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Builders welcome debate on 'confusing' new planning laws

SUPPORT: the changes are backed by Shane Rattenbury.

SUPPORT: the changes are backed by Shane Rattenbury. Photo: Jeffrey Chan

Canberra's builders have welcomed a forthcoming debate in the ACT Legislative Assembly about contentious new planning laws, which they believe will add tens of thousands of dollars to the price of a new home and make it harder to upgrade houses in older suburbs.

Draft Variation 306 to the Territory Plan, Canberra's key planing document, has been delayed after the ACT Liberals' move last week to disallow the legislation.

While this will trigger a debate in the Assembly in either April or May, the legislation is almost assured of being adopted, with the support of ACT Greens Shane Rattenbury.

Mr Rattenbury said the variation contained long-awaited improvements to residential and estate development codes.

"The changes in the Territory Plan are a culmination of years of work, stemming from the 2008 Labor-Greens parliamentary agreement, which required mandatory passive solar orientation and increased solar rights for residential homes and subdivisions,'' he said.

"Many of Canberra's existing suburbs were built long ago, without consideration of important design principles that allow for energy efficient homes and good public transport. Put simply, these changes will mean that new areas of Canberra are better designed, with attention given to issues such as solar orientation and sustainable transport,'' Mr Rattenbury said.

The Housing Industry Association's ACT division said the new rules were confusing, complicated and would cause extensive excavation of building blocks.

Master Builders Association ACT spokesman Jerry Howard said the debate was badly needed. ''This is the democratic process working as it was intended to, as this draft variation requires far more scrutiny.

''There's a disconnect between agencies within the government. They don't understand what the impacts of these rules are on the ground.''

He said the building sector would continue lobbying for ''sensible amendments to the proposals''.

''If, at the end of the day, we lose, that's fine; at least we've given it a fair crack,'' Mr Howard said.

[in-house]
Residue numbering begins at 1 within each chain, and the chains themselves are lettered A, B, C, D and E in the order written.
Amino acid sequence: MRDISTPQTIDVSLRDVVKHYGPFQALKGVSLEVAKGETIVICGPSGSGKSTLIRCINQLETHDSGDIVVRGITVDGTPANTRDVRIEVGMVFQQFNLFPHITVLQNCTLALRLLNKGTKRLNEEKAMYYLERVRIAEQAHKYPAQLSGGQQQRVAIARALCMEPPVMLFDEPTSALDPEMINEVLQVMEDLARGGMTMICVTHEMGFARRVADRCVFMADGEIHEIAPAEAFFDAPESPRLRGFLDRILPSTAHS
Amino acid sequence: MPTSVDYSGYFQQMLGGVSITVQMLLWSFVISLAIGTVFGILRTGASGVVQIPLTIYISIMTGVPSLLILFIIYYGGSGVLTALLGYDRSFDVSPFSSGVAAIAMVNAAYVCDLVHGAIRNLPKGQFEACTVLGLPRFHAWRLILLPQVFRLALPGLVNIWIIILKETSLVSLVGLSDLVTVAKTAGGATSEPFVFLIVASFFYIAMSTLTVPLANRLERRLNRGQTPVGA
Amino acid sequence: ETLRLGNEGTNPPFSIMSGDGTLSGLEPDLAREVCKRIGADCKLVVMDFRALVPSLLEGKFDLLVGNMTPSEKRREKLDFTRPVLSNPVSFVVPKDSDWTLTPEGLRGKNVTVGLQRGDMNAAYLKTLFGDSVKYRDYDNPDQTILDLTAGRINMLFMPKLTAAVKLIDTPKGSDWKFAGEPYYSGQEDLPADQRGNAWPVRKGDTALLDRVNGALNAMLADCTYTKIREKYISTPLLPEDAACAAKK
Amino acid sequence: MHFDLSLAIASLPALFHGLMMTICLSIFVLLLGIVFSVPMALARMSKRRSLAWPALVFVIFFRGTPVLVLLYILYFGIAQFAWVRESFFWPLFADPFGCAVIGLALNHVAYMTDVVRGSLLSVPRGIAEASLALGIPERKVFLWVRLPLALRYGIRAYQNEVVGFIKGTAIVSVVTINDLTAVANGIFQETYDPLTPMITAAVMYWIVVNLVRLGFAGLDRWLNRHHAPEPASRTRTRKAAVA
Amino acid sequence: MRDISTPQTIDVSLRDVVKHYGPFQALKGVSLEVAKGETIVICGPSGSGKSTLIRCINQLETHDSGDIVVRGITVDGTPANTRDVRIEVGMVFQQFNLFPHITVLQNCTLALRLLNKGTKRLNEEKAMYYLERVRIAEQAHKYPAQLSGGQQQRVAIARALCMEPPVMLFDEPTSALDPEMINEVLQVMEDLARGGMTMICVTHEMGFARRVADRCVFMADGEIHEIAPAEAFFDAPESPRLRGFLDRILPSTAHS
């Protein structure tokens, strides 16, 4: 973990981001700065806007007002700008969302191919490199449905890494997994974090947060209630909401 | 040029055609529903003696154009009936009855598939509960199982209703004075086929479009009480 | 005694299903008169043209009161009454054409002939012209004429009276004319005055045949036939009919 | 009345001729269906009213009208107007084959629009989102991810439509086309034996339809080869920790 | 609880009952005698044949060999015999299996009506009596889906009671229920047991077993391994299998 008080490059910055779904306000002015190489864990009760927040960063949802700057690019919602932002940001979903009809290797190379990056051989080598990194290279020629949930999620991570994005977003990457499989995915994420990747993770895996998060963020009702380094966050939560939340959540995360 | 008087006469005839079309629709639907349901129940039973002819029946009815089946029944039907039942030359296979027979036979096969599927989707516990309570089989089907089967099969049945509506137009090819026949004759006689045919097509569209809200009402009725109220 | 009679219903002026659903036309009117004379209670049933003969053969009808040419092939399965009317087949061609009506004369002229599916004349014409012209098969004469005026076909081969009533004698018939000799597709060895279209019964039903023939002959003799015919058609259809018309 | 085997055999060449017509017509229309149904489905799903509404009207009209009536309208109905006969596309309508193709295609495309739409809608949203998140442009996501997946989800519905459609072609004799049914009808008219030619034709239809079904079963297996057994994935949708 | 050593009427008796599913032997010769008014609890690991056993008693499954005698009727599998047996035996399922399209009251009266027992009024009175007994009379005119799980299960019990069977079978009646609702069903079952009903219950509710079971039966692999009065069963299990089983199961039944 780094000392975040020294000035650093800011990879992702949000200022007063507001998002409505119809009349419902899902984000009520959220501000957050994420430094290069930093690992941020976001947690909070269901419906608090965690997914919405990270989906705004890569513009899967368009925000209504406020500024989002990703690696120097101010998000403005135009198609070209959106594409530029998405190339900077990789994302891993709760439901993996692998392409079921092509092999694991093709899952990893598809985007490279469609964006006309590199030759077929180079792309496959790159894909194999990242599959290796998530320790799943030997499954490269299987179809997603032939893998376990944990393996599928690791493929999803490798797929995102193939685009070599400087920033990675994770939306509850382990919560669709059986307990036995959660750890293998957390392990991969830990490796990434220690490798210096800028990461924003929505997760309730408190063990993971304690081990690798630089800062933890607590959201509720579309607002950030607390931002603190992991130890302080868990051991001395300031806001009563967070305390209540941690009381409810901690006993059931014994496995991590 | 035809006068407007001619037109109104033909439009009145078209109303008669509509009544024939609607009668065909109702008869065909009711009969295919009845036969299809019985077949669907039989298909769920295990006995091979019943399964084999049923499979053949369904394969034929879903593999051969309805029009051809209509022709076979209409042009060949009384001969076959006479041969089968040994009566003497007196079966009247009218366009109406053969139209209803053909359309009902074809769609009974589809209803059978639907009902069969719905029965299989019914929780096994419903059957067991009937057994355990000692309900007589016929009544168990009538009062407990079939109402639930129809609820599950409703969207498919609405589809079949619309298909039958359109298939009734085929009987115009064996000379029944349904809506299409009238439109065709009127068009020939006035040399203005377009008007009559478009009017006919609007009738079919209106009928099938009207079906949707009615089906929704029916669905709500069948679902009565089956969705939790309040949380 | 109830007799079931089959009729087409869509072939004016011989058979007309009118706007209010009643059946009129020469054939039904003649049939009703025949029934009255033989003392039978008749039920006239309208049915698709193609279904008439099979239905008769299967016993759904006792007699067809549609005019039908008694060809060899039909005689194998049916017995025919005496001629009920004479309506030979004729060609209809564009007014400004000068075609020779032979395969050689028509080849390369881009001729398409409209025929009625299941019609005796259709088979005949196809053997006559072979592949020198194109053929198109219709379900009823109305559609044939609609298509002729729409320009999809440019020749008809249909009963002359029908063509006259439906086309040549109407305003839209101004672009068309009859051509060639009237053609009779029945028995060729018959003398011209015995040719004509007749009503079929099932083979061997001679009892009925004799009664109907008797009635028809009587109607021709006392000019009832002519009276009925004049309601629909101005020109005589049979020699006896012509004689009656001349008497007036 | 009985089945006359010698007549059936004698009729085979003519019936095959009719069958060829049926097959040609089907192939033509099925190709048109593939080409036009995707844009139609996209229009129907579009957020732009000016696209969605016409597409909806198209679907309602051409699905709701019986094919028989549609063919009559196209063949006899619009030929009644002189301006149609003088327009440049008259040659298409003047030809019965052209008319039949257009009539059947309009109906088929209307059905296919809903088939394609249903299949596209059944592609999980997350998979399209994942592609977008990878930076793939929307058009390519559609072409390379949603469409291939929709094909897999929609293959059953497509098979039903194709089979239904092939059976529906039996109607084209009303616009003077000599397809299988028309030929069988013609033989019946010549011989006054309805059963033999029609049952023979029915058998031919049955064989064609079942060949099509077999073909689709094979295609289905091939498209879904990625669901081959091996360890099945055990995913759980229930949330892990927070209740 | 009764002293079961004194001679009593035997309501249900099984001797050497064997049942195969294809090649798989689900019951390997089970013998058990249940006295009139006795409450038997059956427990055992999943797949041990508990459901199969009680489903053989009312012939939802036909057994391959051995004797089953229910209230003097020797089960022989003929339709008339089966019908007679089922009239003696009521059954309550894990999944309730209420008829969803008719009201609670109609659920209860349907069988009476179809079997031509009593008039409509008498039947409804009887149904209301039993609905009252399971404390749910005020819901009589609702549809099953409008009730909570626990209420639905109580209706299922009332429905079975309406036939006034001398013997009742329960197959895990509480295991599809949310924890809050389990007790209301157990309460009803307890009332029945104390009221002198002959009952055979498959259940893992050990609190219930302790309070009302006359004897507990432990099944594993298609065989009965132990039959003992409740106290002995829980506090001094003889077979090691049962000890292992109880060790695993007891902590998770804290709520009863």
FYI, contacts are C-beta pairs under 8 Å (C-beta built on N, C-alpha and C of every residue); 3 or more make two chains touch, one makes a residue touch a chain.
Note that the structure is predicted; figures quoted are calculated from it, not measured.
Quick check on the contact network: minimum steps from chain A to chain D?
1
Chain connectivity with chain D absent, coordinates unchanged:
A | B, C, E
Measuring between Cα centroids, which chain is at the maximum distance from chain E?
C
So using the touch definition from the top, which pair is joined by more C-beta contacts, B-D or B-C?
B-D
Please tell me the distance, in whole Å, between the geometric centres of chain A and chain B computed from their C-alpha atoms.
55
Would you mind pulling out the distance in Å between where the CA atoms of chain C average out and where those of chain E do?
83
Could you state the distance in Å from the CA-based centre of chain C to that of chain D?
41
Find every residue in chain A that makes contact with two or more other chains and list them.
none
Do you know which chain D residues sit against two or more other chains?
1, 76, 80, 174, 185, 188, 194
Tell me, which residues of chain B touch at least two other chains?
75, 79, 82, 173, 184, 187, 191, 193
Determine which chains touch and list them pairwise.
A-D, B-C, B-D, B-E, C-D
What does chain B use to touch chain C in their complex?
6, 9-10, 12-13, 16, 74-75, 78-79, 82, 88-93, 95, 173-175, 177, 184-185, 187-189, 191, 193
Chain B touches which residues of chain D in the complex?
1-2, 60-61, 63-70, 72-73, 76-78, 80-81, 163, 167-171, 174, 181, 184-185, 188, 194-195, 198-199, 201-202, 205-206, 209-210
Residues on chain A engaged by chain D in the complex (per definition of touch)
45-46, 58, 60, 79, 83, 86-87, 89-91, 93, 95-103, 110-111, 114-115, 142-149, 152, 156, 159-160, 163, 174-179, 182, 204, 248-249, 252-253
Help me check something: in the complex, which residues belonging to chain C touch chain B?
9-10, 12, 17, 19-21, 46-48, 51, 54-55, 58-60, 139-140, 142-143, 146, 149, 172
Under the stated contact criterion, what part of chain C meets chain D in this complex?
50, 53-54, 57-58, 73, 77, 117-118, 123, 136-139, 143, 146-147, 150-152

Opposition planning spokesman Alistair Coe is on leave and the Liberals are not commenting on the variation.

Environment and Sustainable Development Minister Simon Corbell said the key to the new solar policies was to limit overshadowing of neighbouring blocks.

Mr Corbell said the new rules would encourage innovative and individual home design that contributed to the character of the suburb and provided a more appealing built form in the city.


  • What ever happened to affordable housing? Mr Corbell needs to recognise that "innovative and individual home design" is a very costly exercise

    We have recently compelted our new home for which we paid tens of thousands of dollars in variations to meet the ridiculous planning rules. If I hadn't stamped hard enough our home would have been cut into the side of a hill like a bunker and you would have almost been able to walk from the first floor balcony onto the footpath.

    If I build again (which I am keen to do), it won't be in the ACT.

    Date and time
    March 26, 2013, 8:55AM
    • The requirement to build more energy efficient new houses is excellent in a place like Canberra. Where this falls down is on older houses. I am in the process of building an extension to a 25 year old house in Canberra and all the energy efficient principles are mandatory for the extension. Not the whole house, just the extension. The question I ask is why? The extension is less than half the size of the current house and will be less than a third of the overall finished space. Any efficiency gains I make in the extension will be lost in the old building anyway as it's an open space. Just adds money to the cost of building that I will never recover in energy efficiency.

      Date and time
      March 26, 2013, 9:08AM
      • Over the last month I have come to realise that Draft Variation 306 makes it practically impossible for me to extend my 50yo home. The solar access rights mean that an extension to my home may resemble Hitler's bunker where it would need to be dug into the ground. Or it forces people to build on the Nth side of their block, and places a premium on the neighbours property. I have read the Draft Variation fact sheets, and submssions from architects and the HIA. I can completely relate to the objections and concerns of described in their submissions. It seems those with modern small blocks will have major issues building houses that comply with the variations in the code.

        Date and time
        March 26, 2013, 9:34AM
        • Agree with edgd here, while environmentally and aesthetically better, 'affordable' housing won't exist. The government is so one-eyed about the environment that they can't accept that people might want cheaper housing that is less eco friendly. These places can be improved over time when people can afford to install panels or whatever else. The one size fits all approach will make everything more expensive. Typical.

          Date and time
          March 26, 2013, 2:05PM
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